• Modify an existing configuration: With this selection, you are prompted to provide an existing tarball and modify it before you use it to start your Project Quay nodes.

      The following figure shows an example of the resulting Choose an option page:

      Identifying the database Project Quay will use

      For an initial setup, you are asked to identify the database type. For a subsequent configuration, you are prompted for a tarball containing the config.yaml and credential files (optional). Then you can continue on with the configuration.

  5. Identify the database: For the initial setup, add the following information about the type and location of the database to be used by Project Quay:

    • Database Type: Choose MySQL or PostgreSQL. MySQL will be used in the basic example; PostgreSQL is used with the high availability Project Quay on OpenShift examples.

    • Database Server: Identify the IP address or hostname of the database, along with the port number if it is different from 3306.

    • Username: Identify a user with full access to the database.

    • Password: Enter the password you assigned to the selected user.

    • Database Name: Enter the database name you assigned when you started the database server.

    • SSL Certificate: For production environments, you should provide an SSL certificate to connect to the database.

      The following figure shows an example of the screen for identifying the database used by Project Quay:

      Identifying the database Project Quay will use

  6. Validate database: Select Validate Database Settings, and proceed to the next screen.

  7. Create Project Quay superuser: You need to set up an account with superuser privileges to Project Quay, to use for editing Project Quay configuration settings. That information includes a Username, Email address, and Password (entered twice).

    The following figure shows an example of the Project Quay Setup screen for setting up a Project Quay superuser account:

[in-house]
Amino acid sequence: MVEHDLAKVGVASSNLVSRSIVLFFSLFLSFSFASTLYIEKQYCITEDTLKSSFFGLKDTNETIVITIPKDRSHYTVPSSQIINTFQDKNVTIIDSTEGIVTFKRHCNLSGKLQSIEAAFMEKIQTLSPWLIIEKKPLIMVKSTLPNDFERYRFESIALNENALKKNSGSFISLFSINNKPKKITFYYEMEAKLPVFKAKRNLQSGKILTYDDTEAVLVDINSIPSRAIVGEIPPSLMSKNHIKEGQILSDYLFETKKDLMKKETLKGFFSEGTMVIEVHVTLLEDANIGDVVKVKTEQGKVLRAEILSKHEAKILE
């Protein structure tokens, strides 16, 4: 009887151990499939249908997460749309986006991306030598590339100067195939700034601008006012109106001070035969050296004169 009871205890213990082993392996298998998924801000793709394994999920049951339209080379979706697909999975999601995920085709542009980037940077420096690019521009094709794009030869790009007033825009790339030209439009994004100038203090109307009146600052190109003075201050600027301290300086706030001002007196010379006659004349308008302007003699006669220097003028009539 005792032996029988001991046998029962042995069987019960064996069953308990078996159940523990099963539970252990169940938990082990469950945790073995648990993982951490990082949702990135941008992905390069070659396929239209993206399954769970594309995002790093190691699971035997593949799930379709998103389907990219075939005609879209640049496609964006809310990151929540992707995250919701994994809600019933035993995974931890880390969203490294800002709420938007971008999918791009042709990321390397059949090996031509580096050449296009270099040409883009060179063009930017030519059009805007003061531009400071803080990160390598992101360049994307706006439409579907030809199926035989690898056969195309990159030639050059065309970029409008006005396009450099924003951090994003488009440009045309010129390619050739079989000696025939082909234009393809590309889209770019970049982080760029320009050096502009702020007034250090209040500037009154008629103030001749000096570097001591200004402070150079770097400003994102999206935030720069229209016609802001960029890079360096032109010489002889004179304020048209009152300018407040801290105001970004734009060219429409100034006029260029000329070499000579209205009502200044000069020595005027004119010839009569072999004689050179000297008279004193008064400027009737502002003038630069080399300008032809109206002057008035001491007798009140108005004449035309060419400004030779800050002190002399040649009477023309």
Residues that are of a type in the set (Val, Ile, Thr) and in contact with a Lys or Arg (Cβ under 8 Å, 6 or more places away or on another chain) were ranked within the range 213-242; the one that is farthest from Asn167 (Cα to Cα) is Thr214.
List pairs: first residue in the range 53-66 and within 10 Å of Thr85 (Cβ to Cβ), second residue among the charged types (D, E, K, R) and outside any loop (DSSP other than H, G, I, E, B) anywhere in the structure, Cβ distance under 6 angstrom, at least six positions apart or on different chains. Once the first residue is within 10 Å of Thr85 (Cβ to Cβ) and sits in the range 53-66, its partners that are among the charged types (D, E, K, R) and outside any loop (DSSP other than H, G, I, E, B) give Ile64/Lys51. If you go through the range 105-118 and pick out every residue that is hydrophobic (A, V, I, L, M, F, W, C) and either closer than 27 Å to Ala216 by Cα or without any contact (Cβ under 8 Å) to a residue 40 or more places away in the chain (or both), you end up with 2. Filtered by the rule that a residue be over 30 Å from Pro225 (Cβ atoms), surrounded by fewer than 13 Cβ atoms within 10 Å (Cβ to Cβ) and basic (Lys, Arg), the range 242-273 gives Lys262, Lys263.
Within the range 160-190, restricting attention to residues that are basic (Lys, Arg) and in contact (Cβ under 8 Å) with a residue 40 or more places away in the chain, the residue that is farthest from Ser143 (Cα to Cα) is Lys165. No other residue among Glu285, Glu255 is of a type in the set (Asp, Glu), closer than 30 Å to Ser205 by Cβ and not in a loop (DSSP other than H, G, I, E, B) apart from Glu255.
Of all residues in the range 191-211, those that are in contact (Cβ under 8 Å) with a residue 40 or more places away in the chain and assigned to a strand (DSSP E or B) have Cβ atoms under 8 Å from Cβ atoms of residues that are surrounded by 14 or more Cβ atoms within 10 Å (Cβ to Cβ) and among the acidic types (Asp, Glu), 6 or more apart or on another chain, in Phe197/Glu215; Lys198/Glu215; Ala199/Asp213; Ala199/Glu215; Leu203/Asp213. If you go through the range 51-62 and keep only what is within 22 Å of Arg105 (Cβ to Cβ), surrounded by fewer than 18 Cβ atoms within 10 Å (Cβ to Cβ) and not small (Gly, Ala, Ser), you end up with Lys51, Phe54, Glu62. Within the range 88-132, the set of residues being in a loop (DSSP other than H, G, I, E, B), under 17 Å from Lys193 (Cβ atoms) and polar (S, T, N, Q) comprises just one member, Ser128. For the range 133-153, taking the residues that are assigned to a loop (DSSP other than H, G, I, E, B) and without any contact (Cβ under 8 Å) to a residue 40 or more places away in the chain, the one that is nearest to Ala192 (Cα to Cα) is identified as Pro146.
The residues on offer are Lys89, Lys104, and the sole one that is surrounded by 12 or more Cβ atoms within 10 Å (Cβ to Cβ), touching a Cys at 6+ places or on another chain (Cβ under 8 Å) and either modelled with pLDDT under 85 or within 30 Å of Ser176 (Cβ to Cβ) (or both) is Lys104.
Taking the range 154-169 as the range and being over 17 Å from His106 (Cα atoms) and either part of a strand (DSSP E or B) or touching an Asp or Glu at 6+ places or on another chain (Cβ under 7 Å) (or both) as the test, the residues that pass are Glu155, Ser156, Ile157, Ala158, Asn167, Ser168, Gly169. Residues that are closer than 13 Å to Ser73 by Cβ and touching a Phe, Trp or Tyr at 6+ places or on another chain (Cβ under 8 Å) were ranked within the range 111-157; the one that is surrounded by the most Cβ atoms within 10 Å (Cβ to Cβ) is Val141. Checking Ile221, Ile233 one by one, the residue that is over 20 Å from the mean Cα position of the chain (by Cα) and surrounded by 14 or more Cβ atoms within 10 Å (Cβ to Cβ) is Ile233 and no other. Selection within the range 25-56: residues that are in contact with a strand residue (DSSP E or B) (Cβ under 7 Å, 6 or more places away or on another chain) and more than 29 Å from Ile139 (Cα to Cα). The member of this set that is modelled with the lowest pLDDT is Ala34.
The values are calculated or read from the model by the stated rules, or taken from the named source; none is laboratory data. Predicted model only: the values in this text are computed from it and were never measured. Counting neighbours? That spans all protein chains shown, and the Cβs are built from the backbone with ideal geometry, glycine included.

Set up a Quay superuser account to do Quay configuration

    Select Create Super User, and proceed to the next screen.

  8. Identify the Redis hostname, Server Configuration and add other desired settings: Other setting you can add to complete the setup are as follows. More settings for high availability Project Quay deployment that for the basic deployment:

    • For the basic, test configuration, identifying the Redis Hostname should be all you need to do. However, you can add other features, such as Clair Scanning and Repository Mirroring, as described at the end of this procedure.

    • For the high availability and OpenShift configurations, more settings are needed (as noted below) to allow for shared storage, secure communications between systems, and other features.

      Here are the settings you need to consider:

    • Custom SSL Certificates: Upload custom or self-signed SSL certificates for use by Project Quay. See Using SSL to protect connections to Project Quay for details. Recommended for high availability.

      Important

      Using SSL certificates is recommended for both basic and high availability deployments. If you decide to not use SSL, you must configure your container clients to use your new Project Quay setup as an insecure registry as described in Test an Insecure Registry.

    • Basic Configuration: Upload a company logo to rebrand your Project Quay registry.